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Update: Coronavirus Clusters Grow Rapidly In Three Western Kansas Meatpacking Counties

National Beef has a meatpacking plant in Liberal, Kansas, which is in Seward County.
Bethany Wood
/
For the Kansas News Service
National Beef has a meatpacking plant in Liberal, Kansas, which is in Seward County.

Update: Kansas Health Secretary Lee Norman said on Friday that Kansas has now identified 250 cases of COVID-19 among workers at the state's six meatpacking plants. The federal government has sent supplies to test thousands of people in southwest Kansas. Meanwhile, the Centers for Disease Control and Prevention is sending staff to the region.

GARDEN CITY, Kansas — Two western Kansas counties that are home to meatpacking plants have some of the highest counts of the coronavirus in the state. It’s a distinction that comes as the Tyson plant near Garden City said this week it has several cases among its workers.

None of the meatpacking plants, which make up about 25% of the national beef supply according to a Kansas State professor’s estimate, has shared a specific count of workers with a COVID-19 diagnosis. And the state health department leaves it up to county health departments to decide whether to provide the public with detailed case information.

In the span of 11 days, Ford County, where there is a National Beef and a Cargill plant in Dodge City, has gone from 16 cases to 288. Seward County, which has a National Beef plant in Liberal, went from six to 125. Finney County, where the Tyson plant is located, is up from 17 to 87.

Several meatpacking plants around the country, from South Dakota to Iowa to Colorado, have had to shut down temporarily over the past few weeks due to the number of workers coming down with the coronavirus. But so far, Kansas’ major meatpacking plants have not fully shut down, though the National Beef plant in Dodge City did close for a few days for deep cleaning.

Companies say they’ve been taking extra precautions and social distancing measures. But unions are pressing for better protections inside plants, where workers stand-side-by side to cut meat from carcasses. 

Kansas Gov. Laura Kelly said there is an “all-hands-on-deck” approach to the situation at the local, state and federal levels for testing, isolation and providing things like shields and personal protective equipment to protect workers.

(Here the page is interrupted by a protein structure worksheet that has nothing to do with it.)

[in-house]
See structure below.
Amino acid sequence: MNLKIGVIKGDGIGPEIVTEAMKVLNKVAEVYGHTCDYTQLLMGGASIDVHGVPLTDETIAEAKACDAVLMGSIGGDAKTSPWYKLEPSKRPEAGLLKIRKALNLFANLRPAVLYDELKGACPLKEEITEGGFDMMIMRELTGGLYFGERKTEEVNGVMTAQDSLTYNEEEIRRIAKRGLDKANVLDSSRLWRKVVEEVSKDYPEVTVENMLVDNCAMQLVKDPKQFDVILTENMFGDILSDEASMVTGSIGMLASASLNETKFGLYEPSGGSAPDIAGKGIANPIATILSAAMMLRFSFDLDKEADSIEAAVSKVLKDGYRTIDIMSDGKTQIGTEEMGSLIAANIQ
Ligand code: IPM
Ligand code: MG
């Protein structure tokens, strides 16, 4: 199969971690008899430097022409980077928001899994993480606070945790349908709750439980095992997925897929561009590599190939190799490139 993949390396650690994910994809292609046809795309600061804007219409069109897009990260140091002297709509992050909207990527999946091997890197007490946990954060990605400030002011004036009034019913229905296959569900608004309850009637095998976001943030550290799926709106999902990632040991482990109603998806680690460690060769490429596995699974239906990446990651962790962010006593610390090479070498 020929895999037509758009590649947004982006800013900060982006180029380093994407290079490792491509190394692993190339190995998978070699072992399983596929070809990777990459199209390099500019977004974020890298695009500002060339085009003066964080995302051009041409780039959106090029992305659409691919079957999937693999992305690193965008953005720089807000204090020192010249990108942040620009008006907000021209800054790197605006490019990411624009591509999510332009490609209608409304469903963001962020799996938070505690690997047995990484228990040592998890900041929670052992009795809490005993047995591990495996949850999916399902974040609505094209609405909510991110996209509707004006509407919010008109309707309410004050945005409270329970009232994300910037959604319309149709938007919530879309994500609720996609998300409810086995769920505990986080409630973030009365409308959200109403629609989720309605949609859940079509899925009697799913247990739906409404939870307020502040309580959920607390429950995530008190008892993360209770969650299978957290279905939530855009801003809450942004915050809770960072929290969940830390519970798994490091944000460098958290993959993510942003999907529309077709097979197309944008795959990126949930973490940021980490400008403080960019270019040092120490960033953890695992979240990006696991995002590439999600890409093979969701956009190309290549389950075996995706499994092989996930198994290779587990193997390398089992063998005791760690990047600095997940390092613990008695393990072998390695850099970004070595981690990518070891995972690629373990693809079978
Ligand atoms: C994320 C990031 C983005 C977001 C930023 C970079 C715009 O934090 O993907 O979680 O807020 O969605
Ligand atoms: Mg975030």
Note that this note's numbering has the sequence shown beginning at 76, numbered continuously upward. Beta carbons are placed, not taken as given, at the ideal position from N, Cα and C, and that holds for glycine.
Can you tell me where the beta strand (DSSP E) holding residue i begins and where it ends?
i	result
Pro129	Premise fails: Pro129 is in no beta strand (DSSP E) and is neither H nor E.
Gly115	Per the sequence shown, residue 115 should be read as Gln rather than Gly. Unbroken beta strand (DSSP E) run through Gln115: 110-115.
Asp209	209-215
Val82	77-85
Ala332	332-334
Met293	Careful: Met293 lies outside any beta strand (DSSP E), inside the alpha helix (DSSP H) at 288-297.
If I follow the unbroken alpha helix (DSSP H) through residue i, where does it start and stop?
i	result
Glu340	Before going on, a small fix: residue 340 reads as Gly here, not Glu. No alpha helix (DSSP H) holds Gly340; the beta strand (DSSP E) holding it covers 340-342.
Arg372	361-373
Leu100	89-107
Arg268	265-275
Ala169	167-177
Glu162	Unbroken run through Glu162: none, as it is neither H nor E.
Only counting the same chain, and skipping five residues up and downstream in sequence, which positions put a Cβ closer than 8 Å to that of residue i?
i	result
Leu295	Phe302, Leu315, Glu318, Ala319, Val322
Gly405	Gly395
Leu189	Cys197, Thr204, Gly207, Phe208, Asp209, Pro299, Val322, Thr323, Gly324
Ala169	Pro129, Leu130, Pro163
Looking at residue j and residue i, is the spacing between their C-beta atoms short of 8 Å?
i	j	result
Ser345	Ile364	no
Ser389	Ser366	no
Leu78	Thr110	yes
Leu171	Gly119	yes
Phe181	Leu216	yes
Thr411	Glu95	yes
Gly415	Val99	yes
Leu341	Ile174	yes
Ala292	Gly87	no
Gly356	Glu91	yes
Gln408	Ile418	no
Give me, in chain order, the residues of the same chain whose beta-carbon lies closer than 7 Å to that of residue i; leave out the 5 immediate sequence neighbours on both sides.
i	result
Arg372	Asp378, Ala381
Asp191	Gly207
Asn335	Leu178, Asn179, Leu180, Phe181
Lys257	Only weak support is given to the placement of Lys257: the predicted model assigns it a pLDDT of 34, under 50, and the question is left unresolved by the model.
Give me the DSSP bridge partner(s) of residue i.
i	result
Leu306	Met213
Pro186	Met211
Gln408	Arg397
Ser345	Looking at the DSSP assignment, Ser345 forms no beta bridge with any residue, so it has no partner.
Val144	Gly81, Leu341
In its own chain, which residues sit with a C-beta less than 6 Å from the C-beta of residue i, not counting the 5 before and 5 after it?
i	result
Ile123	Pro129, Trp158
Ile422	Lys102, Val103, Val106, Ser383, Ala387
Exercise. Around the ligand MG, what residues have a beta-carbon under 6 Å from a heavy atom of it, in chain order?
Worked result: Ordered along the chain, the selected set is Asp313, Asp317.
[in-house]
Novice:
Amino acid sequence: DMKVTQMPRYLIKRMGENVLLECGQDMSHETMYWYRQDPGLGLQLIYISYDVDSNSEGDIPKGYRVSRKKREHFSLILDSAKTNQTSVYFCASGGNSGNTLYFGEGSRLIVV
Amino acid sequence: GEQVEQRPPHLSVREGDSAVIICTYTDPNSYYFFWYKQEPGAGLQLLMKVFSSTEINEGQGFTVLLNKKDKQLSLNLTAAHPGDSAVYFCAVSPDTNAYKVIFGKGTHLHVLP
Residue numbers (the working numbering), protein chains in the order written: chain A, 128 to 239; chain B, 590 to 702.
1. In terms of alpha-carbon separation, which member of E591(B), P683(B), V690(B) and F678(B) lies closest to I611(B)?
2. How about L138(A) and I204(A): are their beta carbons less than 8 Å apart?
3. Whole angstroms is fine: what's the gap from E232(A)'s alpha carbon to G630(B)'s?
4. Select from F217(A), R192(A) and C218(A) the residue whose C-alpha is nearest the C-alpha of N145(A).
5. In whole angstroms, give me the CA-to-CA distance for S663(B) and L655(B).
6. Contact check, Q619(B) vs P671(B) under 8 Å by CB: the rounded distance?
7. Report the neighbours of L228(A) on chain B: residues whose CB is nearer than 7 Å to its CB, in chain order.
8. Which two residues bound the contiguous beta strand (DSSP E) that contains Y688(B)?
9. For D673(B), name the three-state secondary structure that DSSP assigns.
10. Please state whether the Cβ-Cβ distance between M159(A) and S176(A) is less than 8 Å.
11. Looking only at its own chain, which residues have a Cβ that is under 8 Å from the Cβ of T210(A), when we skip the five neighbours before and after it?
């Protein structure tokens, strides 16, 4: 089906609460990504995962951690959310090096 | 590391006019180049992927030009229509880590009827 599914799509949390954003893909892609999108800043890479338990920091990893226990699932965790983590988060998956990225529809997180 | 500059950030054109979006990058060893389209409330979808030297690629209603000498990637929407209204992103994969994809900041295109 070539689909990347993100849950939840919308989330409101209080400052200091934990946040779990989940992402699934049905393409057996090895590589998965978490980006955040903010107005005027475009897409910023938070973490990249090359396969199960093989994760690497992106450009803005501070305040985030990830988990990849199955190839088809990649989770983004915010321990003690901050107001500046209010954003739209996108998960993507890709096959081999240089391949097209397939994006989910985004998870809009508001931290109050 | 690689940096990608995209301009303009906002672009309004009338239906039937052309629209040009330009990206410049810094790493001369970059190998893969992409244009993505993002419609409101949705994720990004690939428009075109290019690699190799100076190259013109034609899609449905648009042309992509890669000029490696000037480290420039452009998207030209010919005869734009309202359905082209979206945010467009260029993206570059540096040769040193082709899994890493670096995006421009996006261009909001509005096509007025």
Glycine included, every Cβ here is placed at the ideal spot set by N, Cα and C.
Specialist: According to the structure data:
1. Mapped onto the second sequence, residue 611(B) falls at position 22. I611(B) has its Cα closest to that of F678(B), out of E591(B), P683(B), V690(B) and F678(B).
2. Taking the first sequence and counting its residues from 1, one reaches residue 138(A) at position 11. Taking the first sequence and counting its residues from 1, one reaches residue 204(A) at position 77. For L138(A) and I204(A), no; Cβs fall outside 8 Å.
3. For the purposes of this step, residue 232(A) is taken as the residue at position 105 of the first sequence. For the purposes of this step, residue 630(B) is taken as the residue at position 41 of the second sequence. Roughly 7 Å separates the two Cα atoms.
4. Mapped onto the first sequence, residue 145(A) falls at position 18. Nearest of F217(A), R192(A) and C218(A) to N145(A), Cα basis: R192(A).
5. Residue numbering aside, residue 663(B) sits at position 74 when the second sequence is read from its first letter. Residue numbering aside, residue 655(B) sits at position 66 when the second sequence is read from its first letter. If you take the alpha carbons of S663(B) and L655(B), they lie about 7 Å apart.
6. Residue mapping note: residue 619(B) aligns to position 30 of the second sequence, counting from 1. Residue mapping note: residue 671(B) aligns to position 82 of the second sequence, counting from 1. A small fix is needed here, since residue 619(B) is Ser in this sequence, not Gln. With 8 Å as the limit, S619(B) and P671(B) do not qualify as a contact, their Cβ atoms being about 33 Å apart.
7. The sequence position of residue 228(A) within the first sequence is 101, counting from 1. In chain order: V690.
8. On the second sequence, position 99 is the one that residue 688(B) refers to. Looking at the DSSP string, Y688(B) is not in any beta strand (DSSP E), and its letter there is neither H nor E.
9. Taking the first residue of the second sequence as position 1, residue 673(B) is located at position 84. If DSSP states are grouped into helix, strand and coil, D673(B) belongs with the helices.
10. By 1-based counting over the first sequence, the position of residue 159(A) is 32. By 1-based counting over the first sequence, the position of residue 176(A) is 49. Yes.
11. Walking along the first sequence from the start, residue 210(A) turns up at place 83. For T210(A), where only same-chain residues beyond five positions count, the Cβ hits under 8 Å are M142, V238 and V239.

“We’ve found isolation housing for those who need to be quarantined if they’ve had any contact,” Kelly said Thursday on KCUR’s “Up To Date” talk show. “So we’re taking a very aggressive approach, because we don’t want to be like Iowa or South Dakota where we’re having to shut those plants down.”

The Tyson plant in Holcomb employs about 3,800 people. The announcement of cases among Tyson workers came shortly after the Finney County Health Department began testing up to 50 people a day for the virus. Health department director Colleen Drees said “there is evidence of community spread.” 

High Plains Public Radio news director Angie Haflich and Kansas News Service news editor Erica Hunzinger contributed to this report.

Corinne Boyer covers western Kansas for High Plains Public Radio and the Kansas News Service. You can follow her on Twitter @Corinne_boyer or email cboyer (at) hppr (dot) org.

The Kansas News Service is a collaboration of KCUR, Kansas Public Radio, KMUW and High Plains Public Radio focused on health, the social determinants of health and their connection to public policy. Kansas News Service stories and photos may be republished by news media at no cost with proper attribution and a link to ksnewsservice.org.

Copyright 2020 High Plains Public Radio

Corinne Boyer
Corinne Boyer is a reporter for the Kansas News Service at High Plains Public Radio in Garden City, Kansas. Following graduation, Corinne moved to New York City where she interned for a few record labels, worked as a restaurant hostess and for a magazine publisher. She then moved to Yongin, South Korea where she taught English and traveled to Taiwan, Thailand, Belgium and South Africa. Corinne loved meeting new people and hearing their stories. Her travels and experiences inspired her to attend graduate school. In 2015, she graduated with a Master of Science in journalism degree from the University of Oregon. She gained her first newsroom experience at KLCC—Eugene’s NPR affiliate. In 2017, she earned the Tom Parker Award for Media Excellence for a feature story she wrote about the opioid epidemic in Oregon. That year, she was also named an Emerging Journalist Fellow by the Journalism and Women Symposium.